One of the tricky things about economics is that isolated instances or well-publicized stories (like a factory closing or a big store opening) can lead to inaccurate assumptions about the world around us. I today’s Albuquerque Journal business section, I attempt to explain that we need to use data not anecdotes when dealing with New Mexico’s economy and overall economic health.
Letter writer Christopher Timm misunderstands the work of my Foundation and others who are concerned about New Mexico’s weak economy. He cites the fact that new businesses open in our area “all the time” as a refutation of our repeated statements that our state’s economic situation is dire.
In a state of more than 2 million people, jobs and businesses will come and go. Usually no single business opening or closing will by itself drive the economy. The question, rather, is “how does New Mexico stack up relative to other states?” On this score we don’t fare so well.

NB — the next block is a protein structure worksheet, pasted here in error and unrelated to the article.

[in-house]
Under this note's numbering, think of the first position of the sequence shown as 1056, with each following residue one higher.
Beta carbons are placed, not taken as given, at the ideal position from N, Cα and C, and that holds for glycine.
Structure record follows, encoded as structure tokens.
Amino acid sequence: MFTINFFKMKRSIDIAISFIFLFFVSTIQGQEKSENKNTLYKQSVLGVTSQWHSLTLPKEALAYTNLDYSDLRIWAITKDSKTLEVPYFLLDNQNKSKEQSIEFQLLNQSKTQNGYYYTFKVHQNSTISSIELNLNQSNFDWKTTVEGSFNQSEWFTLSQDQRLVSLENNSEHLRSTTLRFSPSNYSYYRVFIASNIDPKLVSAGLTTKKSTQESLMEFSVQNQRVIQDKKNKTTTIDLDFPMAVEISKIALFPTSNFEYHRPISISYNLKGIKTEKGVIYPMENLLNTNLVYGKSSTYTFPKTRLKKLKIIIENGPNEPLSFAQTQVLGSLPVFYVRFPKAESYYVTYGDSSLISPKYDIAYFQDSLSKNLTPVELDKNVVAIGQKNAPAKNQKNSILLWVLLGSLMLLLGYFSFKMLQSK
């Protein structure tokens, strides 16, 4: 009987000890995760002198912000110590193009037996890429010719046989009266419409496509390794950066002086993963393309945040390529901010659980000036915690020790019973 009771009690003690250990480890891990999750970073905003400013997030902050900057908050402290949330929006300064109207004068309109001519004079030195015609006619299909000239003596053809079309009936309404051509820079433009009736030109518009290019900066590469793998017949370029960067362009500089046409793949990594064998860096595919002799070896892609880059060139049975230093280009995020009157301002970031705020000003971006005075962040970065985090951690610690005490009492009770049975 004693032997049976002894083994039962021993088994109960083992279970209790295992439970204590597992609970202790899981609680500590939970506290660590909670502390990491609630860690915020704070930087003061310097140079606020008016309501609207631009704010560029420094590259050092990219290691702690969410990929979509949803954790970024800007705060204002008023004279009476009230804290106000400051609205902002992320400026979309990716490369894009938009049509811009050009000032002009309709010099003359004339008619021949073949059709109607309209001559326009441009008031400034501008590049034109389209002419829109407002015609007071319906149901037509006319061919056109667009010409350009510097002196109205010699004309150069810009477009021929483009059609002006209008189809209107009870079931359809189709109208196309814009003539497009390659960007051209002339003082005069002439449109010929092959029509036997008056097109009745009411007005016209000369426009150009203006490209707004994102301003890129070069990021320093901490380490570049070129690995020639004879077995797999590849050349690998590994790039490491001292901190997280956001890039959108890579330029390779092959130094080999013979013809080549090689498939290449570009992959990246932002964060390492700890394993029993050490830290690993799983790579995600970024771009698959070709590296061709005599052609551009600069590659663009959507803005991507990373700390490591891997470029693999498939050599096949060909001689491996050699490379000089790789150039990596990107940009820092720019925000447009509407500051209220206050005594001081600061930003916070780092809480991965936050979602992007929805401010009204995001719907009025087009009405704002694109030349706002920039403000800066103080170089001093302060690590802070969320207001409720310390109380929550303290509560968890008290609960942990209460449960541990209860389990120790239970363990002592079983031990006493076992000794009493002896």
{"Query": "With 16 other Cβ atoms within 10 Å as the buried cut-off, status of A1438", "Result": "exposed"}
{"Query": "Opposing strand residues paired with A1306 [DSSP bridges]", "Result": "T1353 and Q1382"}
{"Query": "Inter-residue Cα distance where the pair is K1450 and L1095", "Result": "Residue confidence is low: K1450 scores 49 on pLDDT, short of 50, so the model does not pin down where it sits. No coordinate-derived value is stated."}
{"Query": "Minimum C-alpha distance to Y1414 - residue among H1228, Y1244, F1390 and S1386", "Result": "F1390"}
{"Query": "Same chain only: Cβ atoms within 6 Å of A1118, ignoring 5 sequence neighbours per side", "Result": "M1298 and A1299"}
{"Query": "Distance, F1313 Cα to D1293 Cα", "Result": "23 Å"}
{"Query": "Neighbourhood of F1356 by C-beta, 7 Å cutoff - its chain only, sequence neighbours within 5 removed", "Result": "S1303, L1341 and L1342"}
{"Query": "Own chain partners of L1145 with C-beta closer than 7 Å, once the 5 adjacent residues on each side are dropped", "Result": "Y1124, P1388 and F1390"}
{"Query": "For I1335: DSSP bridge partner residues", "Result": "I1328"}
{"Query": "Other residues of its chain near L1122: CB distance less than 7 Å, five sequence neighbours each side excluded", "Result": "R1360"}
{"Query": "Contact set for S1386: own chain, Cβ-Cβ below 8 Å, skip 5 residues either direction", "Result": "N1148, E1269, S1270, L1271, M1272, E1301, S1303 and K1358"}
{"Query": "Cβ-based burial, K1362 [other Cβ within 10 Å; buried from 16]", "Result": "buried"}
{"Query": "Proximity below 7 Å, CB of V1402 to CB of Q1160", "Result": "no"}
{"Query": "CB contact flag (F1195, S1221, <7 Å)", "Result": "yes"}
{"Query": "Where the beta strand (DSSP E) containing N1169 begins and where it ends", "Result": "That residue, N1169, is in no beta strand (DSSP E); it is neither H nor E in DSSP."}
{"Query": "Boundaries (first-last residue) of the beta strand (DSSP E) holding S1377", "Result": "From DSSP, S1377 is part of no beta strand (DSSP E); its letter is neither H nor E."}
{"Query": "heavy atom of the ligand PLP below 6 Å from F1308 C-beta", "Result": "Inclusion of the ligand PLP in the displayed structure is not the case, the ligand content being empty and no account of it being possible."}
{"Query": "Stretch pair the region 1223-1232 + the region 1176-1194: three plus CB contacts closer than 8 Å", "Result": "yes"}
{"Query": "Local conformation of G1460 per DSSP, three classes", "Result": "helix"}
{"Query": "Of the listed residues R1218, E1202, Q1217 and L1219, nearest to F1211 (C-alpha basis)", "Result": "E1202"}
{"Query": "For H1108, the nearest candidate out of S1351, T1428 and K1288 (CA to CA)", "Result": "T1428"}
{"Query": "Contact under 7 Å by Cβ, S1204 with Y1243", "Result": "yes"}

Our poverty rate is the highest in the nation according to the Census Bureau; Economic freedom (according to the Canadian Fraser Institute) is worst among the states; according to The Economist, New Mexico is the most economically-reliant state on an increasingly erratic federal government, and our state has been losing jobs year-over-year since June 2011 while states throughout the west have been adding jobs. We were also named the top “Death Spiral” state by Forbes and made it onto the list of states from which people are moving (the only western state to do so) in a recent United Van Lines report.
Most depressing is the fact that the leadership in our Legislature would rather raise the economically-harmful minimum wage and throw more money at the film industry and a broken education system than make the tough choices needed to turn our state around.
Paul J. Gessing
Rio Grande Foundation
PO Box 40336
Albuquerque, NM 87196